What makes this more astounding is that there is not a single, rational reason for the Democrats to do this, and every reason not to do it. The Republicans tried to scare monger and make this an issue for them. That tactic failed miserably. You may recall how back last winter when the Republicans pulled out all the usual stops about how this was about national security and blah blah blah. No one bought it. The magic deadlines lapsed and nothing happened.

So either the Democratic Leadership continues to suffer from a pre-11/06 mentality, or they think they can continue to abuse their active base and collect corporate contributions as well. After all, the thinking goes, it’s not like the mainstream electorate cares about this and its not like the netroots are going to vote Republican. So why not treat them the way we’ve treated unions, African Americans, and unions over the years? i.e., talk tough, but cave when it counts because we know there are no consequences for it.

I’ve already made my impassioned plea based on the ideal of the Rule of Law. Now, in a last desperate effort, I shall make my plea based on practicality and — in what is apprently the universal language of party leadership — cash.

Democrats, meet me below . . . .

Read More »

Posted in How Democracy Works, Or Doesn't, Tales of the Sausage Factory | Also tagged , , , , , , | 5 Comments (Comments closed)

Tales of the Sausage Factory

GOP To America: All Well In Cable-Land! Skyrocketing Rates and Lousy Customer Service All In Your Mind! Forget What We Said Last Summer About Needing COPE!

I must applaud the Republican House Commerce Committee members for their willingness to stay bought. Why else would 23 of the 26 Republicans on the House Commerce Committee send this letter celebrating the perfection of the cable industry in the United States and opening a can of whoop-ass on Kevin Martin for daring to suggest otherwise? Because if that letter came in response from hundreds of constituents complaining that their cable service costs too little and the service is too good, I’ll eat my lap top.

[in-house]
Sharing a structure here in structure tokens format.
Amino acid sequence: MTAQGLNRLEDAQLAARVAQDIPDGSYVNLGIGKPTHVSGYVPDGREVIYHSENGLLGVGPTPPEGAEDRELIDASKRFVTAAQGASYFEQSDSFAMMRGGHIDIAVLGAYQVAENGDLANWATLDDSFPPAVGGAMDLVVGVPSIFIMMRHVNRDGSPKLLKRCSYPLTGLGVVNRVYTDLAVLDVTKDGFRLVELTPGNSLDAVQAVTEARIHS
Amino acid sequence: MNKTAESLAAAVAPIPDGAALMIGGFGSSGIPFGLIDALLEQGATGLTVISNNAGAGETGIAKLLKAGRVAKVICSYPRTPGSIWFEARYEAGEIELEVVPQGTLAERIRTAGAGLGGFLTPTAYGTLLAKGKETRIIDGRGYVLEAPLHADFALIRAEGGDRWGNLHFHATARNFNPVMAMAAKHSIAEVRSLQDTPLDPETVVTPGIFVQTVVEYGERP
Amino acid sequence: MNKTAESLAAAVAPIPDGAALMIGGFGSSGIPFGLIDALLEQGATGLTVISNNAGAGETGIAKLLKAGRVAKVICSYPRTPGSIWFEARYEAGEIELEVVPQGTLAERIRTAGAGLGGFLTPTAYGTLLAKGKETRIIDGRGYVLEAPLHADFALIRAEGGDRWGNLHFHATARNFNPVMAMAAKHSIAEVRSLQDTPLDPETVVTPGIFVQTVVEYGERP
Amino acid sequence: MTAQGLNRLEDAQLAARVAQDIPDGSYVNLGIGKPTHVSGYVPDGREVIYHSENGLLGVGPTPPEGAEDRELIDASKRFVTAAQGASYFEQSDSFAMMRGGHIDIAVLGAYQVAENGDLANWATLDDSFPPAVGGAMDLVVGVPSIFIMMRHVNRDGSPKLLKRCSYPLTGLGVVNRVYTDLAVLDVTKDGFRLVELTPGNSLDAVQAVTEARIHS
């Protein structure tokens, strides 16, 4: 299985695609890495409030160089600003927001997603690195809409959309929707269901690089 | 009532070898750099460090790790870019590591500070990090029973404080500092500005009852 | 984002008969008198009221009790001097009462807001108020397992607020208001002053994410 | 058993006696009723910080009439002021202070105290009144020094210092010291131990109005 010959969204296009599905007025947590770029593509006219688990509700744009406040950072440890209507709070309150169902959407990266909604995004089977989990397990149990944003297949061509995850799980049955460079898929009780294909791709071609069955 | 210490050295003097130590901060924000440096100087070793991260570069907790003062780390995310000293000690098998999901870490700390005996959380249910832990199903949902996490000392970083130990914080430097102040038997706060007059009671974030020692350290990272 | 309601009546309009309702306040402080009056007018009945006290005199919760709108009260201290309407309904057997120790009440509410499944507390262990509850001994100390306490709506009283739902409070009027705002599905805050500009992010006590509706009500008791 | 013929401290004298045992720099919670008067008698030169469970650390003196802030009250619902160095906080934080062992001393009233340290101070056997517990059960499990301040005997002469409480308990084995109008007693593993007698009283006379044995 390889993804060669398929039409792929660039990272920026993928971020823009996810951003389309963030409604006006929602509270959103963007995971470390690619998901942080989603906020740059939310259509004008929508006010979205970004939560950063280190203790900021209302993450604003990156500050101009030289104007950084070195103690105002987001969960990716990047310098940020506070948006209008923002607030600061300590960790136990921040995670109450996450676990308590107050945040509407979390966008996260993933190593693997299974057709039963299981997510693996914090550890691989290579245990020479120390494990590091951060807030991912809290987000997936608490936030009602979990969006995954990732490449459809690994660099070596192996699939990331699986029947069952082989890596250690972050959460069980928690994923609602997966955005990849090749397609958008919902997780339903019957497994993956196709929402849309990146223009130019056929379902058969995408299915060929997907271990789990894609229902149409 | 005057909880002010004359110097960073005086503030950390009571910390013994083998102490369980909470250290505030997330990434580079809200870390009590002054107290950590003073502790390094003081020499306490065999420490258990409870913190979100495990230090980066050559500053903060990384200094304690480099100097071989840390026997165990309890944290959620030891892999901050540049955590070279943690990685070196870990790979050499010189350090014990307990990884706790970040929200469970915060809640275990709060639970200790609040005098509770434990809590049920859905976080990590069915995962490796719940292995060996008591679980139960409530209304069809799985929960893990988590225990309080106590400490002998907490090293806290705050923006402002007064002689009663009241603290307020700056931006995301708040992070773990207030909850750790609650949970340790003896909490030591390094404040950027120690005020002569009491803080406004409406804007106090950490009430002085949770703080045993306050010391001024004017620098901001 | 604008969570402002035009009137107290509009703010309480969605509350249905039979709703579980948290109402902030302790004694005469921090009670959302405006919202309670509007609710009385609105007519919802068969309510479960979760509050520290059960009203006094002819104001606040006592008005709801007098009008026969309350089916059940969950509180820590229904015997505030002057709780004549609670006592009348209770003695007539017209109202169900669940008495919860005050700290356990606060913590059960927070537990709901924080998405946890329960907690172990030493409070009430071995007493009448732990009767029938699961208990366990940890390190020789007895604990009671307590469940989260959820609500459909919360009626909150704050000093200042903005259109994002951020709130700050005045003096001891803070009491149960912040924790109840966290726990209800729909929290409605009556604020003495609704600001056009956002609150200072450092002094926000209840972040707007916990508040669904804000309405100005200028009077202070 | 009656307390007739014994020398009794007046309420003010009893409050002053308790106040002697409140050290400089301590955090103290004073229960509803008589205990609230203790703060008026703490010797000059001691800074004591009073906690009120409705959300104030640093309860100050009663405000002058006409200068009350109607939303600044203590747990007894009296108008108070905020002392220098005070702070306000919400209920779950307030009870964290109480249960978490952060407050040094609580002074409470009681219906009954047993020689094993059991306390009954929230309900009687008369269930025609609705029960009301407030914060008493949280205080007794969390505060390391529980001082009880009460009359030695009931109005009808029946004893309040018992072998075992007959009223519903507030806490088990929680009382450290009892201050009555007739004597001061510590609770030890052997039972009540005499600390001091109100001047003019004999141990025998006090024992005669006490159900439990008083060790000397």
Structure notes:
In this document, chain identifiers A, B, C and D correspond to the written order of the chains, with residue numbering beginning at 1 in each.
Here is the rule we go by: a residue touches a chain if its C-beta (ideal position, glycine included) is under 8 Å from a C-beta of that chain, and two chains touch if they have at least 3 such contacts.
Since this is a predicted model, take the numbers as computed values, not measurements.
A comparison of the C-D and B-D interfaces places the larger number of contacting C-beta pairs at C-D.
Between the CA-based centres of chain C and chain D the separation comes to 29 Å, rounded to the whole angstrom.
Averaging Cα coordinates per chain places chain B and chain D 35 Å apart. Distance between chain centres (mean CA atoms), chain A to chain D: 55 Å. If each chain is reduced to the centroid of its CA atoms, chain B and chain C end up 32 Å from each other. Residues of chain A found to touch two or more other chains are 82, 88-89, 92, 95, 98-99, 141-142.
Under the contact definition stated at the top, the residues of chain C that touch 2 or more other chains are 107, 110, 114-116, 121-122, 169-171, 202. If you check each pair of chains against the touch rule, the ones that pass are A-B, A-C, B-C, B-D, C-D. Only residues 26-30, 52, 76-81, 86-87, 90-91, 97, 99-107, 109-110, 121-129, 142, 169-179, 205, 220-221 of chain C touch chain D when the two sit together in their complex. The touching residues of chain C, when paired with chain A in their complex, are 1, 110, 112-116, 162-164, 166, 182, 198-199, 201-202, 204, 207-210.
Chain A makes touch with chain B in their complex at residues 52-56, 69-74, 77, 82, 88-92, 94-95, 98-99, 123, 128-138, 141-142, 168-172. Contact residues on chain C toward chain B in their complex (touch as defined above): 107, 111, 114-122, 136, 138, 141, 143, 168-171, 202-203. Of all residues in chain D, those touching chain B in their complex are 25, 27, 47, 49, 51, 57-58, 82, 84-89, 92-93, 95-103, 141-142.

God knows, with the number of issues on their plate and with their party’s standing plummeting in the polls, you’d think Republicans would decline to publicly defend the cable industry. What with rates consistently rising faster than inflation (and despite increasing profits-per-subscriber until the last quarter or so), cable operators have raised rates every year – whether they need to or not. As if that were not enough, the customer service records of the major cable companies are abominable (or why would Mona “The Hammer” Shaw have attained folk-hero status?). So with us heading into an election, and the Republicans weighed down by all the baggage of the Iraq War, corruption scandals, accusations of cronyism and mismanagement, and a general anti-special interest sentiment in the electorate, you wouldn’t think the Republican party would rise up en mass to defend the cable industry from one of their own?

And yet that is precisely what 23 Republican members of the House Commerce Committee just did. Upset that Kevin Martin has proposed several items for the next FCC meeting that limit cable market power, the Commerce Committee Republicans have leaped to the defense of the cable industry. “Shame!” They have cried to Kevin Martin. “All is well in cable-land! The industry is intensely competitive, prices are low, service is wonderful, and consumers are bursting with happiness! How can you even think of regulating the cable industry?”